Definition of Indigenous peopleThe term indigenous means Originating or occurring naturally in a particular place. Most writers describe indigenous as a harmonious, stable relationship and a sense of strong affiliation to a particular place (Encyclopedia Britannica 2). The affiliation to that particular place is so strong because the current people population or other objects have a timeless history in that place that dates back to the original inhabitants of the place. Therefore indigenous people are people based in a particular area within a country and the most significant part is that this population of people has lived at the same place since the beginning of time. There is no evidence or an account of them ever migrating from a different place to their current place of inhabitance (Hughes 10). In addition to that, the animals, plants and culture that are associated to that group of people are also considered indigenous (Hughes 12).

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The indigenous groups of people around the world believe that the relationship among them is characterized by a long chain of interconnection and interdependence amongst themselves and the environment that they live in (Hughes 21). Due to this, today most of the indigenous groups around the world still uphold their ancient practice and cultures practiced by their forefathers. Some of the universal practices include respect to one another’s life in the community; respect to the community elders and spiritual leaders; acts of mutual respect and show of gratitude especially when borrowing or asking for help and finally the respect to their culture and belief that their spirit continue to occupy their space in the community even after they have passed-on (Tuhiwai 6).

In Canada today the Indigenous group of people is the Aboriginals. They are 1.400,685 in total according to the last population census conducted in Canada. They are known to have occupied the Old Crow Flats and Bluefish Caves areas in the ancient Canada (Encyclopedia Britannica 3).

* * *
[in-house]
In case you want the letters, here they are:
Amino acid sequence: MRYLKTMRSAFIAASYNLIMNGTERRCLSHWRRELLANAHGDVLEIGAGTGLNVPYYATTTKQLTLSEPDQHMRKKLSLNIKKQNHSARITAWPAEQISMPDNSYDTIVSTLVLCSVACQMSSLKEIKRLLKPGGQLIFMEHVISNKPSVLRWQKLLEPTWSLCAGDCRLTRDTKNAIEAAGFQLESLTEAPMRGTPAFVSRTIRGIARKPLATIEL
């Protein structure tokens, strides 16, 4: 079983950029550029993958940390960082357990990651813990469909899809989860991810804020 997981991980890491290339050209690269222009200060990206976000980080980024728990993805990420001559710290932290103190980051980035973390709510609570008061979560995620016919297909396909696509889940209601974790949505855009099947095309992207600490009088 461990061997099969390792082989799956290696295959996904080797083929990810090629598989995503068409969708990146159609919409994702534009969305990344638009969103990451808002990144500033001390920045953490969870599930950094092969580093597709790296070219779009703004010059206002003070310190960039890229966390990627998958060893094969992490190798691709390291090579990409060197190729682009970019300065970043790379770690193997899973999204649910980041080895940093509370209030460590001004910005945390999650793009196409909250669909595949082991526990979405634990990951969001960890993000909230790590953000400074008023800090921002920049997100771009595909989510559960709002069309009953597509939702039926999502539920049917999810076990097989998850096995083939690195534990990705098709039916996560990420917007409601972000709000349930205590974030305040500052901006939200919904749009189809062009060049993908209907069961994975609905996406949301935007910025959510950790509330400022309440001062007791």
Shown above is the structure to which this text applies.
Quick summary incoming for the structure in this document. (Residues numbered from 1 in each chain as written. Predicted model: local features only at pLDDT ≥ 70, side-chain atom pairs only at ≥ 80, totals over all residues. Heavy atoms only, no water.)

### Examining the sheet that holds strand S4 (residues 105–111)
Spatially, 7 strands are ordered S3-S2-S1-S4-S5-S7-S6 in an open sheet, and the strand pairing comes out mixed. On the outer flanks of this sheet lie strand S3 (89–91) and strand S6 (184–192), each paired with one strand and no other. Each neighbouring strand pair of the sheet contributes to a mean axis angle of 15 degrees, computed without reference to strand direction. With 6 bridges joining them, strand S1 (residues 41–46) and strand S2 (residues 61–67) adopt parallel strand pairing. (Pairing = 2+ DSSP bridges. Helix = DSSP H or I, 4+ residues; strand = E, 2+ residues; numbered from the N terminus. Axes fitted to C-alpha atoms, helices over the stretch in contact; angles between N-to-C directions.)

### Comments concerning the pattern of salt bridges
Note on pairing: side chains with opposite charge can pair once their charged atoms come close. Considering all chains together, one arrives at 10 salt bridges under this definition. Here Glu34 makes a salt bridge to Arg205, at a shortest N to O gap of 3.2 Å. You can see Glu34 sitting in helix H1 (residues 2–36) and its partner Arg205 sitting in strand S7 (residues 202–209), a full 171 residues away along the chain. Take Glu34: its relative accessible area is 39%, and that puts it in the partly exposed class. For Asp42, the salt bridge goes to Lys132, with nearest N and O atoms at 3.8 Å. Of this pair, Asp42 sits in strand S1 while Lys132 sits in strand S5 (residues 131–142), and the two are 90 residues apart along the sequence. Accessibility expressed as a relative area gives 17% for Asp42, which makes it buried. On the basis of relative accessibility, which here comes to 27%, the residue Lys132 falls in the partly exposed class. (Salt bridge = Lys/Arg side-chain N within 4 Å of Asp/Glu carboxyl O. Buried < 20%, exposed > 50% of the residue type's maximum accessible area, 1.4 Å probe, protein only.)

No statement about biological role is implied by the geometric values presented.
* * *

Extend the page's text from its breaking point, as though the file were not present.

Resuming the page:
Comparison of Indigenous and Western Ways of Knowing & Ascertaining the truth
The Aboriginals social setup was based on wholeness or totality. There social set up upheld the notion of a group action and discouraged individualism. This ensured that they carried out their day to day activities in groups, either as a family, age group or as a community. The advantage of this was that this ensured honesty among the members as one couldn’t break the law of the land without being seen or being noticed by his/her group members. On the other hand, the Western ways encouraged individualism thus leading to specialization which lead to social stratification where some people in the society were more important than other depending on the kind of jobs they did. The western ways therefore ensured that the truth prevailed through special people in the society called judges. The disadvantage of this was the truth in most cases doesn’t prevail depending on the judge (Anon 5).

Secondly in the Aboriginal culture, honesty was part of their heritage and it was recorded in their minds from generation to generation. This upheld truthfulness as a core value among its members since they believed that everyone had his/her own truth therefore everyone depended on each other’s truthfulness. Those in the community that were known to b liars were excommunicated socially and their opinions were not considered during important decision making. In the Western culture due to individualism truthfulness was ensured by laws enforced by the authorities (Cbc.ca 3).